In the end the Major Crime Unit won the action, which led to more mail from those that bid against him, with some name-calling and threats. Ken ignored their messages until he had the item in hand and the news had covered the story; then he sent them his answer with links to the articles written about the case. Ken explained he couldn’t respond because he didn’t know who he was talking to or what they might do with the information. They apologized for their language and the way they spoke of and thought of the detective. They went on to thank him and his unit for their attention to duty in helping their friend get his Shawl back.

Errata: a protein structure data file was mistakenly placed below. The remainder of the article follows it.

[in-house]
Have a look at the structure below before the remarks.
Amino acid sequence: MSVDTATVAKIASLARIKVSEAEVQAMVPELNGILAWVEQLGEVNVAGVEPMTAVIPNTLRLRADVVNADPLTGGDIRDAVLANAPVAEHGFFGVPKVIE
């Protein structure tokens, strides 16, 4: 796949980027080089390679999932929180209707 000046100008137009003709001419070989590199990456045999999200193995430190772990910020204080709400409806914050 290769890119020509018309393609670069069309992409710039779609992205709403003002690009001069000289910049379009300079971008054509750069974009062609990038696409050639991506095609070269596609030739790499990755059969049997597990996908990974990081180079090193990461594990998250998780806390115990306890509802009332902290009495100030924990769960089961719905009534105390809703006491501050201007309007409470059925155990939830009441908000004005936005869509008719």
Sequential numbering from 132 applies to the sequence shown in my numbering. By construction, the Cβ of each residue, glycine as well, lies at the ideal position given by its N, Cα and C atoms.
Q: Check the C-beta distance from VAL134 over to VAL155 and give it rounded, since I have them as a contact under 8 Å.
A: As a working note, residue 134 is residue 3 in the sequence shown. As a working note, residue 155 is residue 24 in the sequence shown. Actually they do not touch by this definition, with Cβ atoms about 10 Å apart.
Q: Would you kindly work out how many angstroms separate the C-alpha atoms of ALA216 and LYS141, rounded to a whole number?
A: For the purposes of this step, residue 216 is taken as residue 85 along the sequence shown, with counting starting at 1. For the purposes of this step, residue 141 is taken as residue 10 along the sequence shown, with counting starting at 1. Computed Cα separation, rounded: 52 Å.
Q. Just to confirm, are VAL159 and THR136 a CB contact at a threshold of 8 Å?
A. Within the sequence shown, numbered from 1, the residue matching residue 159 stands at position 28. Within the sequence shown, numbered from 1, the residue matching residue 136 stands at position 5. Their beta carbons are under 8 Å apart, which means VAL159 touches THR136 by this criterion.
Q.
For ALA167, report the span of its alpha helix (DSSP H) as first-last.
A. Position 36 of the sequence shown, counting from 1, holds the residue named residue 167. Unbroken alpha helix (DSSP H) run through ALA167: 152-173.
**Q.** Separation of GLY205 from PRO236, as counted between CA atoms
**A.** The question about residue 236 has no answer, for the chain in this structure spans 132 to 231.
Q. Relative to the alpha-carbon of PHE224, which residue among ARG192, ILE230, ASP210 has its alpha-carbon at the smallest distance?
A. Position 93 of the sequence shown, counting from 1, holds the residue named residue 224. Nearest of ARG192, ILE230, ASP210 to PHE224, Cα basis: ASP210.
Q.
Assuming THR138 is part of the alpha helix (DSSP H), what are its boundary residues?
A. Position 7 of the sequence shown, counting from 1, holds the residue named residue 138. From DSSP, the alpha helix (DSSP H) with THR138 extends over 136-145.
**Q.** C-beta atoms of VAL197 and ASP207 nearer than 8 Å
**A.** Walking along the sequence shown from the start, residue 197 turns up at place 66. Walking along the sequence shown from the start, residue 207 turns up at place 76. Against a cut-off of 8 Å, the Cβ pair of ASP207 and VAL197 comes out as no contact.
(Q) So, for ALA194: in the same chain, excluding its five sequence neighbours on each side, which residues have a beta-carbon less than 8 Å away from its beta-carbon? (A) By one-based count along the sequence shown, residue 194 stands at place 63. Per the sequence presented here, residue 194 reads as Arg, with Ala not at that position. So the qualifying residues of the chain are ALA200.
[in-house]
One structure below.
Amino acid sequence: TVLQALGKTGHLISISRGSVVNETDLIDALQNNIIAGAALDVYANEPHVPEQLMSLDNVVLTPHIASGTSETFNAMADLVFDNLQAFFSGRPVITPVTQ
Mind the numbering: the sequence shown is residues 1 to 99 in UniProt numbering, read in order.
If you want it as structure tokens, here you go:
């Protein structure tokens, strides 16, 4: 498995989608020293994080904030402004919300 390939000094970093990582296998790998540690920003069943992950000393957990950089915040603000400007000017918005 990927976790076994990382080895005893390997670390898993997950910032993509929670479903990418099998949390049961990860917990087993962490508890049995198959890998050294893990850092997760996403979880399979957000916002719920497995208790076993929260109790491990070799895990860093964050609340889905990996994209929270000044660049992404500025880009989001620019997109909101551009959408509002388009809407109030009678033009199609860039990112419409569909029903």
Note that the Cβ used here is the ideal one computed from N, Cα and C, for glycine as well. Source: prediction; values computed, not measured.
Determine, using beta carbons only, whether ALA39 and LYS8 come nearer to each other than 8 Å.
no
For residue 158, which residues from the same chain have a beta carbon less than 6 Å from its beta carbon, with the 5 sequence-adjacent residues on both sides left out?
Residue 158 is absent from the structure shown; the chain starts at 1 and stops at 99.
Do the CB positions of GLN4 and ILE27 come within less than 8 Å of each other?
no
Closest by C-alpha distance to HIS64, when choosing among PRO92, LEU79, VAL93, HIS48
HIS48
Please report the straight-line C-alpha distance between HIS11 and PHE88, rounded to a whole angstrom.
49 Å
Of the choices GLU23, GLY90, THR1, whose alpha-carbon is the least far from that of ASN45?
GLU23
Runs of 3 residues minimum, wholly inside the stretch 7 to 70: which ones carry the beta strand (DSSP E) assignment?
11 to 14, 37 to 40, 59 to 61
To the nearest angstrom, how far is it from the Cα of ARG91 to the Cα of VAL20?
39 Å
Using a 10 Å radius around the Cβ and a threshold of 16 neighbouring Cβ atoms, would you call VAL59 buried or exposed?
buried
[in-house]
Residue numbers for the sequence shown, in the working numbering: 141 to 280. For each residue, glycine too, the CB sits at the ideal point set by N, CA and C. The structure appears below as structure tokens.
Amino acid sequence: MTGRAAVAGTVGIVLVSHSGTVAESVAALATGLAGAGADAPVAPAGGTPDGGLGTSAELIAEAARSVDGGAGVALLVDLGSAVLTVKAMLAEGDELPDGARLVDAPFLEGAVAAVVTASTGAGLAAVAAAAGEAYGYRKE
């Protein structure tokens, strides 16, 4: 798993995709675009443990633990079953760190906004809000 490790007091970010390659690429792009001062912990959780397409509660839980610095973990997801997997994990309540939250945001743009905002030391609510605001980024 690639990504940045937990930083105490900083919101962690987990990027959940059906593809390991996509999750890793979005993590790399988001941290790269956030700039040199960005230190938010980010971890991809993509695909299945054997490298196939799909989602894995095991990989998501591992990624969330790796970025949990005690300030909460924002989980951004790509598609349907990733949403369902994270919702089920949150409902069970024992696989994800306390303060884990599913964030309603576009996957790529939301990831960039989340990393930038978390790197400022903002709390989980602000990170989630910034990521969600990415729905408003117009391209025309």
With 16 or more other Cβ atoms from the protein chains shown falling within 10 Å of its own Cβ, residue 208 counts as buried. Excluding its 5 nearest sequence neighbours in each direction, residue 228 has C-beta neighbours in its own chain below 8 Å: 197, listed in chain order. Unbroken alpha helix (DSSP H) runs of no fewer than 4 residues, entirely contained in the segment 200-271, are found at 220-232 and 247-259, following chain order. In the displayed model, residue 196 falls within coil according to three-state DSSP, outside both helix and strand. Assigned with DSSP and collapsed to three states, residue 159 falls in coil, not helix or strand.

This is an UNOFFICIAL site of the Baltimore Police Department which depicts the history of the department as was told by Retired Officer William M. Hackley; Officer Hackley passed away on March 15th 2012 as such Ret. Det. Kenny Driscoll will take over sole responsible for the sites content. The thoughts and use of certain items, terms, sound, and implications are not necessarily those that may be the same as the Baltimore Police Department, as an official Governmental Agency. The intent of this site is to Honor the Department, and the fine men and women who serve the citizens of Baltimore City. This site is dedicated to our Fallen Heroes who in the course of the performance of their duties were called upon to make the Ultimate Sacrifice. As you look through the many pages of this site you will see the Baltimore Police Department from its infancy showing the crude way of policing to the modern highly efficient department that it is today. Please enjoy this site for what it is, a rendition of the proud history of one of this States finest Police Departments one which we were proud to have served, and many men and women still proudly serve the Baltimore Police Department. Any request for official police information must be made directly to: Baltimore Police Department.